Natural Language Interface

Everyone in logistics is talking about IoT. But we need to talk about the DATA.

By | analytics, Cinchapi, Data Visualizations, Database, Natural Language Interface, Real-Time Data, Supply Chain and Logistics | No Comments

These days, it seems like everyone in the supply chain is talking about the Internet of Things – loosely defined as devices that can connect to the internet and which generate data, with the exceptions being computers, and smart devices.

Primarily, we’re talking sensors which monitor “stuff” and which generate data about that stuff.

All well and good, right? But data is a little bit like lumber. Having a pile of it might be nice, but it’s what you DO with the data (or the lumber) that adds value.

Of course, the data in question is typically monitoring stuff and kicking out data in real-time. Multiply the number of devices by the number of assets monitored, and you can see the problem – someone or something is needed to analyze the data. That can be a time-consuming process when done manually, while the tools typically used to monitor data can’t keep up with high-velocity data.

Yeah, that’s a problem.

Let’s look at it from the carrier/3Pl point of view. If you’re moving a load of Angus beef, it sure would be nice to know that the reefer is keeping it at the right temperature. Even better would be to be informed proactively that there might be a problem BEFORE anything gets loaded.

So how can that be done?

The Ideal Solution for Real-Time Logistics Data and Analytics

This is where the Cinchapi Data Platform (CDP) comes to the rescue. Our platform was purpose-built to work with ANY real-time data source, which absolutely includes IoT generated data. We can do this because we use machine learning to make sense of what the data means, while it also identifies patterns, anomalies, and relationships across otherwise disconnected data sources. So, if the refrigeration unit is looking dicey in one truck, it can then easily identify other trucks that have identical configurations so that your maintenance crews can take a look.

We can do this because we use machine learning to make sense of what the data means, while it also identifies patterns, anomalies, and relationships across otherwise disconnected data sources. So, if the refrigeration unit is looking dicey in one truck, it can then identify other trucks that have identical configurations and usage.

Since the platform can be configured to trigger or modify enterprise workflows, so in this example, maintenance crews can be scheduled to check all of the other trucks which could also be close to going belly up.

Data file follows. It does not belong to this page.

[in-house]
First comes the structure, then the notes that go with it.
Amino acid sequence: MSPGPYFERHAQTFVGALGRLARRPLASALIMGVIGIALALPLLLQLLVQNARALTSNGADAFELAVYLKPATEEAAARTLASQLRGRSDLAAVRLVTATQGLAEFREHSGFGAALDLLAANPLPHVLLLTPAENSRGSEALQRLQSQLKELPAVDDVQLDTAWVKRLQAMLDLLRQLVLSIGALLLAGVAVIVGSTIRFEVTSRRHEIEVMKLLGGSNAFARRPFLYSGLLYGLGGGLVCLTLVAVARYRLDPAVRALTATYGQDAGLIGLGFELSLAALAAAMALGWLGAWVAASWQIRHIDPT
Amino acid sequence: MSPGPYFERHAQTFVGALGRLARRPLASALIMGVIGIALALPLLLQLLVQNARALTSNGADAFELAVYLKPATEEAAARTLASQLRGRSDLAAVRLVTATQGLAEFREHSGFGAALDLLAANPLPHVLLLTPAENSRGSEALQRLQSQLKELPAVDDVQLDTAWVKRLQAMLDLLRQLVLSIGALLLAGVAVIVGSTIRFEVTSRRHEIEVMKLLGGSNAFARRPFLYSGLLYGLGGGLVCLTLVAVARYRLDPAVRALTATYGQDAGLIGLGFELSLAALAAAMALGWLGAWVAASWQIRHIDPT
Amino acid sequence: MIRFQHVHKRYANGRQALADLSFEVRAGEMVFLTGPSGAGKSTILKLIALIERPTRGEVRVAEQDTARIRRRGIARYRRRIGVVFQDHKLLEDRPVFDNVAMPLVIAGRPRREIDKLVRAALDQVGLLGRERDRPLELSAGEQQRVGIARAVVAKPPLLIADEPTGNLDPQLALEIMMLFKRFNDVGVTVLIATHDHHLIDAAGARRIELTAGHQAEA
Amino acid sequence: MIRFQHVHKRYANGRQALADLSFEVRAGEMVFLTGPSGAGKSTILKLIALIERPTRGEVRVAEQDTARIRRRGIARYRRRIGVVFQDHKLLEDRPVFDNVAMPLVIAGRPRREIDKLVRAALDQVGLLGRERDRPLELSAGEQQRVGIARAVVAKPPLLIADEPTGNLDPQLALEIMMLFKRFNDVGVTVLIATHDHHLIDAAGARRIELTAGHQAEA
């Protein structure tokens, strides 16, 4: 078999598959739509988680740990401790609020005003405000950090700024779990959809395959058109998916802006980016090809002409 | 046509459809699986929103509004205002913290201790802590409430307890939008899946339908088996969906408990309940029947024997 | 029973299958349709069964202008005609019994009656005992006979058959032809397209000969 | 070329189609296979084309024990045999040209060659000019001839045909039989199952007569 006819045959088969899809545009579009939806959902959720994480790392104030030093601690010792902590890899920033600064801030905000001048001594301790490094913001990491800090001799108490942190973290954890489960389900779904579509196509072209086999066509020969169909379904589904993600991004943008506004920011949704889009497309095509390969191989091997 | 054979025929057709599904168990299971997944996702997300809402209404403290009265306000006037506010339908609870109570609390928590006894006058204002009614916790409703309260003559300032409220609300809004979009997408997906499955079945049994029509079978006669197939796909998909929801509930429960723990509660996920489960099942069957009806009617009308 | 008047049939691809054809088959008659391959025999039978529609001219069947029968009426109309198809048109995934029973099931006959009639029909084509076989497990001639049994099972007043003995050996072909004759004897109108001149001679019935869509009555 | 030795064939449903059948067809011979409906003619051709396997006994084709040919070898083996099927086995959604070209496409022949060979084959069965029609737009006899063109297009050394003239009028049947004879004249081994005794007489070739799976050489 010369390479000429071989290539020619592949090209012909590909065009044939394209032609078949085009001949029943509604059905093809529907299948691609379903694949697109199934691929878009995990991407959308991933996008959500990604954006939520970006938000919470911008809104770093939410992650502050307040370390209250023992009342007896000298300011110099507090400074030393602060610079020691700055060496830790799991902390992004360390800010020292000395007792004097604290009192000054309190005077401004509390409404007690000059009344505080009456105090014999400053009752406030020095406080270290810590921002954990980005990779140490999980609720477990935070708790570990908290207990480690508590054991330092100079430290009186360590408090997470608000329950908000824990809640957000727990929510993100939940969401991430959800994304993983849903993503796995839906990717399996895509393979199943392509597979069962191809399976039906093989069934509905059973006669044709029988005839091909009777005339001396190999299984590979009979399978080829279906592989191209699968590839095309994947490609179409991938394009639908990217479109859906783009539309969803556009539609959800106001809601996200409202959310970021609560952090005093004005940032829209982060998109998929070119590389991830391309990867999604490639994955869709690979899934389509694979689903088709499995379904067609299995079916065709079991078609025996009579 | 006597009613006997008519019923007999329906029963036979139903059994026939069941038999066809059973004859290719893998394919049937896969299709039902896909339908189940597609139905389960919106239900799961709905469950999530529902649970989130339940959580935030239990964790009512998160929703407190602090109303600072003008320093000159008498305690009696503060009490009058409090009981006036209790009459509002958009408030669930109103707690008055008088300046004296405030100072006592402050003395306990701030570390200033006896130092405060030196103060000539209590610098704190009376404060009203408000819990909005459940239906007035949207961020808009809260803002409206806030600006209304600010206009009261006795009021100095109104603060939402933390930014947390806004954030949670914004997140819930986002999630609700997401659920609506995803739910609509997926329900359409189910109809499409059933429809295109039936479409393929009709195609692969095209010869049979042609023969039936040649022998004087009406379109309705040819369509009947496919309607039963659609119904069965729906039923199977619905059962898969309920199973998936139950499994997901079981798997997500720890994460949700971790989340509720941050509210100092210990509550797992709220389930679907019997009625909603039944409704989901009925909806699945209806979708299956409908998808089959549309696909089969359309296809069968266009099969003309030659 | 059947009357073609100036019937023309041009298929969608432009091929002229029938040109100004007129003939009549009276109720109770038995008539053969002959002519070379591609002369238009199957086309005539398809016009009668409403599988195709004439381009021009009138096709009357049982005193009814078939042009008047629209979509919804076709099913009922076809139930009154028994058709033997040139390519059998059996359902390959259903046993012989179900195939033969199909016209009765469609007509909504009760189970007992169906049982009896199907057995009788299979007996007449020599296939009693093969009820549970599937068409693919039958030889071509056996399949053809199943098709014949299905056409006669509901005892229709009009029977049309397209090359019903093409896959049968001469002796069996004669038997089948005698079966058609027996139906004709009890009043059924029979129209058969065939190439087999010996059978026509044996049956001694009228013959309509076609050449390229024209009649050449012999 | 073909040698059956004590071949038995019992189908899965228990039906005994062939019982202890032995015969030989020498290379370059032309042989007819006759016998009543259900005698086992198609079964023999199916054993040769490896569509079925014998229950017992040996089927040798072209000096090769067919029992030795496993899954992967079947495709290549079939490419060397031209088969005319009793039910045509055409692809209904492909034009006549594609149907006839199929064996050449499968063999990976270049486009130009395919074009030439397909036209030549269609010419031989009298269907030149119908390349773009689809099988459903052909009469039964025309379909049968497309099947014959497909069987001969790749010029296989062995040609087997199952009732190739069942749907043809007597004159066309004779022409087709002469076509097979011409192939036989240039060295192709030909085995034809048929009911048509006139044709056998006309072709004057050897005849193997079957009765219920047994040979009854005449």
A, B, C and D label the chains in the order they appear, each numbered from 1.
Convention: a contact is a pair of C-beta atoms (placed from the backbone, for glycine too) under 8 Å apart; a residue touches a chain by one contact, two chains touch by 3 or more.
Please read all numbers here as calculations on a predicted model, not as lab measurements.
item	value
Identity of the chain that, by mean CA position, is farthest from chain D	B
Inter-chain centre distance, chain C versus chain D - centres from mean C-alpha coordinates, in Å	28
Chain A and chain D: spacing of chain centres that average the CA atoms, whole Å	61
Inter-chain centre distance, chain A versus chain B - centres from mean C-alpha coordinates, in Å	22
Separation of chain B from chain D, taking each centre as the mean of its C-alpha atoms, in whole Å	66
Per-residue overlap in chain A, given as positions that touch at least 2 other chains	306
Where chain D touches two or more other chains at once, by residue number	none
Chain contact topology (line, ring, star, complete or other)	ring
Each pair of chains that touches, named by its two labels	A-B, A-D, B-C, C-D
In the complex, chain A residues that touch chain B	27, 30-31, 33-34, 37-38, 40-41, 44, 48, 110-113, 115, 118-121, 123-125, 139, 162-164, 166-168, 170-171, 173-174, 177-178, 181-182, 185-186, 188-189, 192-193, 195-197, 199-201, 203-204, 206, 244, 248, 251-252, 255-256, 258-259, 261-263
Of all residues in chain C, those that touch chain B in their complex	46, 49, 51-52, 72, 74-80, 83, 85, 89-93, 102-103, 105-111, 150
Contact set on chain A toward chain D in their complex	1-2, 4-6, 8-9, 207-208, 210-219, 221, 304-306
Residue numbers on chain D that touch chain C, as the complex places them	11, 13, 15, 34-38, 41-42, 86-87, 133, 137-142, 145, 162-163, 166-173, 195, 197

And here’s the kicker – you don’t have to be a data genius to use this platform. All you have to do is ask questions using everyday English phrases. Really. A user can ask “Are any of my reefers showing problems?”, and they can get real time results displayed as vivid visualizations as along with text-based descriptions.

Because the platform is context-aware, it quickly picks up industry and company jargon. Once told that a reefer is a refrigerated truck, it will always understand what you are referring to. It also understands that “problems” means something that is not right, so it will reveal those anomalous behaviors that warrant action.

There is much more that the Cinchapi Data Platform can do in the logistics and supply chain space. If your company is a 3PL (third party logistics provider), you’re going to get data in who knows how many different kinds of formats. Where one contracted carrier might deliver its data via an api, another might be sending spreadsheets by email, while a third could be relying on a fax machine, which needs to be processed by an OCR solution to then be imported into the 3PL’s systems. That’s a whole lot of manual processes.

With the CDP, all of this data can be streamed, examined and stored. Then that simple interface makes it easy to work with all of that data in a consistent manner.

Still not convinced? Take a look at the 64-second video below so that you can see what we mean. Wincanton is a believer. How about you? Would you like a demonstration? Click here to request a no-obligation live demo.

Cinchapi Releases Beta Version of Data Platform

By | Cinchapi, Data Visualizations, Natural Language Interface, Natural Language Processing, News, Real-Time Data | No Comments

Cinchapi Releases Beta Version of Data Platform Featuring Machine Learning and a Natural Language Interface to Explore Any Data Source in Real-Time

The Cinchapi Data Platform allows data scientists and analysts to dispense with data prep. Makes data exploration and discovery conversational and actionable.

ATLANTA, GA. March 6, 2017 – Delivering on its promise to take enterprise data from cluster to clarity, Atlanta data startup, Cinchapi, today announced the beta launch of its flagship product, the Cinchapi Data Platform (CDP).